PC Computing Trends

Microsoft's PC plans include fanless and cableless systems and 64-bit desktops

At the Windows Hardware Engineering Conference (WinHEC) 2004, Microsoft and some of its closest partners revealed plans for the future of PCs in the business and consumer markets. Although much of this information had already been made public at other events, WinHEC marked a convergence of these plans. Here are the top 10 trends that will change PCs within the next couple of years.

10. Death of the floppy disk— As we've all been expecting, the floppy disk is dead. Mainly because of compatibility problems, the floppy never grew beyond the 1.44MB size—minuscule by today's standards for removable media. Most new systems no longer ship with a diskette drive, and that's no great loss—when was the last time you used one? Booting into DOS isn't something that you need to do anymore.

9. USB flash drives— The USB flash drive is the heir apparent to the floppy disk. Everyone seems to love USB flash drives—and with good reason: They come in sizes as large as 1GB, are reasonably inexpensive, and work beautifully on both Windows XP and Windows 2000.

8. Fanless designs— Vendors are introducing exceptionally quiet fanless designs—even for servers. Goals are to design systems that produce less than 26Db of noise (as quiet as a whisper) and extremely quiet systems that run at 10Db (as quiet as breathing).

7. No-cable designs— One glance under most people's desks shows why cableless designs are needed. A notable demo by Microsoft Group Vice President Jim Allchin showed a network server setup in which the only cables were power cables: Bluetooth connected the mouse to the keyboard, and Wi-Fi, the 802.11b wireless standard, connected the monitor to the network.

6. VoIP— Microsoft's Live Communications Server 2003 promises to take Voice over IP (VoIP) into the mainstream. In addition to the potential cost savings of routing voice traffic over the Internet, VoIP can be the foundation for workplace collaboration and multimedia conferences.

5. Media Center PCs— Consumers' desire to combine the capabilities of a PC with home entertainment systems keeps on growing. The next version of Windows XP Media Center Edition, due out in 2005, will include UI improvements and take advantage of very low power consumption during idle times to provide an instant-on experience.

4. Wireless security— With XP Service Pack 2 (SP2), Microsoft is working with network device manufacturers to simplify wireless network configuration. Jim Allchin demonstrated an XP wizard that saved a secure wireless configuration to a USB device, then used the device to automatically configure all remaining wireless network devices. The current software defaults to using the Wired Equivalent Privacy (WEP) standard, but you can manually select Wi-Fi Protected Access (WPA) if your wireless devices support it.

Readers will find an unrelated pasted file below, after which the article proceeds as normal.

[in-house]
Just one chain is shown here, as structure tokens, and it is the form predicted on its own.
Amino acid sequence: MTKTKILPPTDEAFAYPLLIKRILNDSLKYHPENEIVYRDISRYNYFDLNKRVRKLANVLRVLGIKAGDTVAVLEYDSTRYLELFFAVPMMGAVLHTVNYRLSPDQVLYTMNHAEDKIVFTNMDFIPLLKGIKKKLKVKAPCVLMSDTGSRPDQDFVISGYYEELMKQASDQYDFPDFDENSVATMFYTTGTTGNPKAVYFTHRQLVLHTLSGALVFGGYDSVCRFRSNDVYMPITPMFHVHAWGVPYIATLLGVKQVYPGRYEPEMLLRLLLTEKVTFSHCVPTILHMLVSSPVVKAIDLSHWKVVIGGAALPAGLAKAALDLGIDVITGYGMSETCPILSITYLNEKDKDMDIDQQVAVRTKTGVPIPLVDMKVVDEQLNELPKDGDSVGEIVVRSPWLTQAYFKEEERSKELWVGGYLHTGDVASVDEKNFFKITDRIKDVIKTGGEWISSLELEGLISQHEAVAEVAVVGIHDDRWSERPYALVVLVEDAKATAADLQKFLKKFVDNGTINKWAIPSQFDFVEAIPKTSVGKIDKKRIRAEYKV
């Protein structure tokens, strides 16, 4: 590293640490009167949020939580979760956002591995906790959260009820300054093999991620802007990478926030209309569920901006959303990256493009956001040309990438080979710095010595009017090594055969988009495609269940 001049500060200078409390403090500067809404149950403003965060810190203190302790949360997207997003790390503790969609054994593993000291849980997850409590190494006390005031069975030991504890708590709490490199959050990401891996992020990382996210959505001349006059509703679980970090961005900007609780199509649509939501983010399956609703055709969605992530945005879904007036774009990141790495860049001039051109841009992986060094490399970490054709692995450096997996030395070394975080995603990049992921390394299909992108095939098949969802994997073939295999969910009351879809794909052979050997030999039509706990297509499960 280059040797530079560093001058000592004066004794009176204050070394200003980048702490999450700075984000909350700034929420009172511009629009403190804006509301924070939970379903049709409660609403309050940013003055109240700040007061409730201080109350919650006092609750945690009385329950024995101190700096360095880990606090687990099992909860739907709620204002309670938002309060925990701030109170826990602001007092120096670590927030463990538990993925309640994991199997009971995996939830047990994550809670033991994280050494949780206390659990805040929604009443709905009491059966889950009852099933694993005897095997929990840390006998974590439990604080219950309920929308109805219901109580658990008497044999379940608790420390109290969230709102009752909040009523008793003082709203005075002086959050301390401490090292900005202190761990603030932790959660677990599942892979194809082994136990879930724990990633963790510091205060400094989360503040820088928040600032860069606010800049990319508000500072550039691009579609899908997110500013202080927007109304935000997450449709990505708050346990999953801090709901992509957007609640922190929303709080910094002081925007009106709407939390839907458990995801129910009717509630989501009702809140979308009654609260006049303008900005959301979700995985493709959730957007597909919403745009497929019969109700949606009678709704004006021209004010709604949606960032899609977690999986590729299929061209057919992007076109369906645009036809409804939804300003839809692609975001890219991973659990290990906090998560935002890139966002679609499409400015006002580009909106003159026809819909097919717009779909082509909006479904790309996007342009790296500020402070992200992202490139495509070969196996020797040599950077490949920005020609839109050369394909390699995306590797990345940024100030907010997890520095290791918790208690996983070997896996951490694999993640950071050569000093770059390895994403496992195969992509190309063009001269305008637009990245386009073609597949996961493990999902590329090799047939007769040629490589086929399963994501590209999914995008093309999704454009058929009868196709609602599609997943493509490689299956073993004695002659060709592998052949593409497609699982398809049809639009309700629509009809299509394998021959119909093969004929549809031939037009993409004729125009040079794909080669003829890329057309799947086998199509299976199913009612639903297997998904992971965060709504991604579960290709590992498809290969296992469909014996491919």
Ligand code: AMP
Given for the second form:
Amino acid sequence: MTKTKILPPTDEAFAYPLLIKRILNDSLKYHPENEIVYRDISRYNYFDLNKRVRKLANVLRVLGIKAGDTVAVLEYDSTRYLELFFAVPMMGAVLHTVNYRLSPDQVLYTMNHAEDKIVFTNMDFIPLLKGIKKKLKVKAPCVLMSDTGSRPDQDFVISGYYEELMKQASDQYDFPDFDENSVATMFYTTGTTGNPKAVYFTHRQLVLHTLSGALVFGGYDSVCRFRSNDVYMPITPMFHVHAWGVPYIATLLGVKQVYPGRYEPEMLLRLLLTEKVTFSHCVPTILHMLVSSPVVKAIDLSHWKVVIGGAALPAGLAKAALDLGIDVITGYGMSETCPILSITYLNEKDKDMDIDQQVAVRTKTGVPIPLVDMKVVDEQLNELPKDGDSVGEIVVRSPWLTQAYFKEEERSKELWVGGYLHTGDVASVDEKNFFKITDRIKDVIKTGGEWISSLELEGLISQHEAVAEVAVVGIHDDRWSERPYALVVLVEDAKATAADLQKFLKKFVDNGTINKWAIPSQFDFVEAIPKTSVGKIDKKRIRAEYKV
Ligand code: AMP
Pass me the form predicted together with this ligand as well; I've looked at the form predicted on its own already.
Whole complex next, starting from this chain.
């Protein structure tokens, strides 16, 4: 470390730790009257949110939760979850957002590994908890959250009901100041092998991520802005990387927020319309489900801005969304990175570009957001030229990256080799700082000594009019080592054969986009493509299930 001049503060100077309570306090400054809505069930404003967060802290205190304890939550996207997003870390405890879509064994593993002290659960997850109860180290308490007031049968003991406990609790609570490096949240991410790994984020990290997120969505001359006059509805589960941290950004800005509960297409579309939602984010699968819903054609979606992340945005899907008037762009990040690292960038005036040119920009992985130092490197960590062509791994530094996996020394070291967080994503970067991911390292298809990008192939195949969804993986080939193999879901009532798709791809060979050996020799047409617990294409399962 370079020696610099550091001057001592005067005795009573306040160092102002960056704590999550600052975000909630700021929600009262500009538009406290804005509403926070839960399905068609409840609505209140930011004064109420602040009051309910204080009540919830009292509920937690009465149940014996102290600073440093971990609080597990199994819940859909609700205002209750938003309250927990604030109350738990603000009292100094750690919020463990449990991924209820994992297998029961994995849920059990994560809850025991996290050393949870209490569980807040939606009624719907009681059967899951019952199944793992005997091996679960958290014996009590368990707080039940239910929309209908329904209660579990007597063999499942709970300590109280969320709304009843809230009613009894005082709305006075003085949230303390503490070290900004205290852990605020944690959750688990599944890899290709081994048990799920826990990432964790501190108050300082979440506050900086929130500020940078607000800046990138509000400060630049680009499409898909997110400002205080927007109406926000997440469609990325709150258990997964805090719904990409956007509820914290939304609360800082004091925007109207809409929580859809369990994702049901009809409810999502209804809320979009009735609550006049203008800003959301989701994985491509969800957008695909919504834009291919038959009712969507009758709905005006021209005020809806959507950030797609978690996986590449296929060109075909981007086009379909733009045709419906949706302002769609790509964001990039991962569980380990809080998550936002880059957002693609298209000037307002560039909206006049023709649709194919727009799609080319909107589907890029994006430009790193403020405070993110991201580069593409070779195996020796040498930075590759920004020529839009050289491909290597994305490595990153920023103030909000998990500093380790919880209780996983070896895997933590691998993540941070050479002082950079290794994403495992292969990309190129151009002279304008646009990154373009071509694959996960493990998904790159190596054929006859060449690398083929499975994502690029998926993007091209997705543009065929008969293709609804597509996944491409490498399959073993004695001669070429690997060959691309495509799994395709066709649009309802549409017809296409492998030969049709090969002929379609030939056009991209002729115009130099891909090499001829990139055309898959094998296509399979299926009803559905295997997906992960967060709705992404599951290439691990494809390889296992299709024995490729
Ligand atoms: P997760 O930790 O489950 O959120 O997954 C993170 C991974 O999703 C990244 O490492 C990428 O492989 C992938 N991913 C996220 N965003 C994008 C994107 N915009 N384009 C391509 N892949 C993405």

3. PCI Express— In the hardware arena, a new bus standard called PCI Express (formerly called third-generation I/O—3GIO) is emerging. The next generation of the PCI bus, PCI Express supports a bidirectional transfer rate of 2.5Gbps and aims to supplant both PCI and Intel AGP slots. The first PCI Express­based systems should ship near the end of 2004. For more information about PCI Express, go to http://developer.intel.com/technology/pciexpress/devnet.

2. Dual-core chips— Both Intel and AMD plan to begin producing dual-core chips in 2005. The emergence of dual-core processors has put the nail in the coffin of measuring processor performance in megahertz. Dual-core processors incorporate two processor cores on one die, virtually doubling processing power without an increase in size.

1. 64-bit desktops— The biggest eye-opener for me is that, thanks to AMD's 64-bit processors (AMD Athlon 64 for desktops and AMD Operton for servers), 64-bit computing is making inroads to the desktop. Unlike Intel's Itanium, which imposes a substantial performance penalty for running 32-bit applications, AMD's 64-bit chips run most 32-bit applications faster than today's 32-bit systems do. Combining performance with a low entry price, 64-bit chips will become commonplace on the desktop within the year. Within 2 years, AMD expects to be shipping only 64-bit processors. Microsoft's upcoming Windows XP 64-Bit Edition for 64-Bit Extended Systems will enable a full-featured native 64-bit desktop environment.

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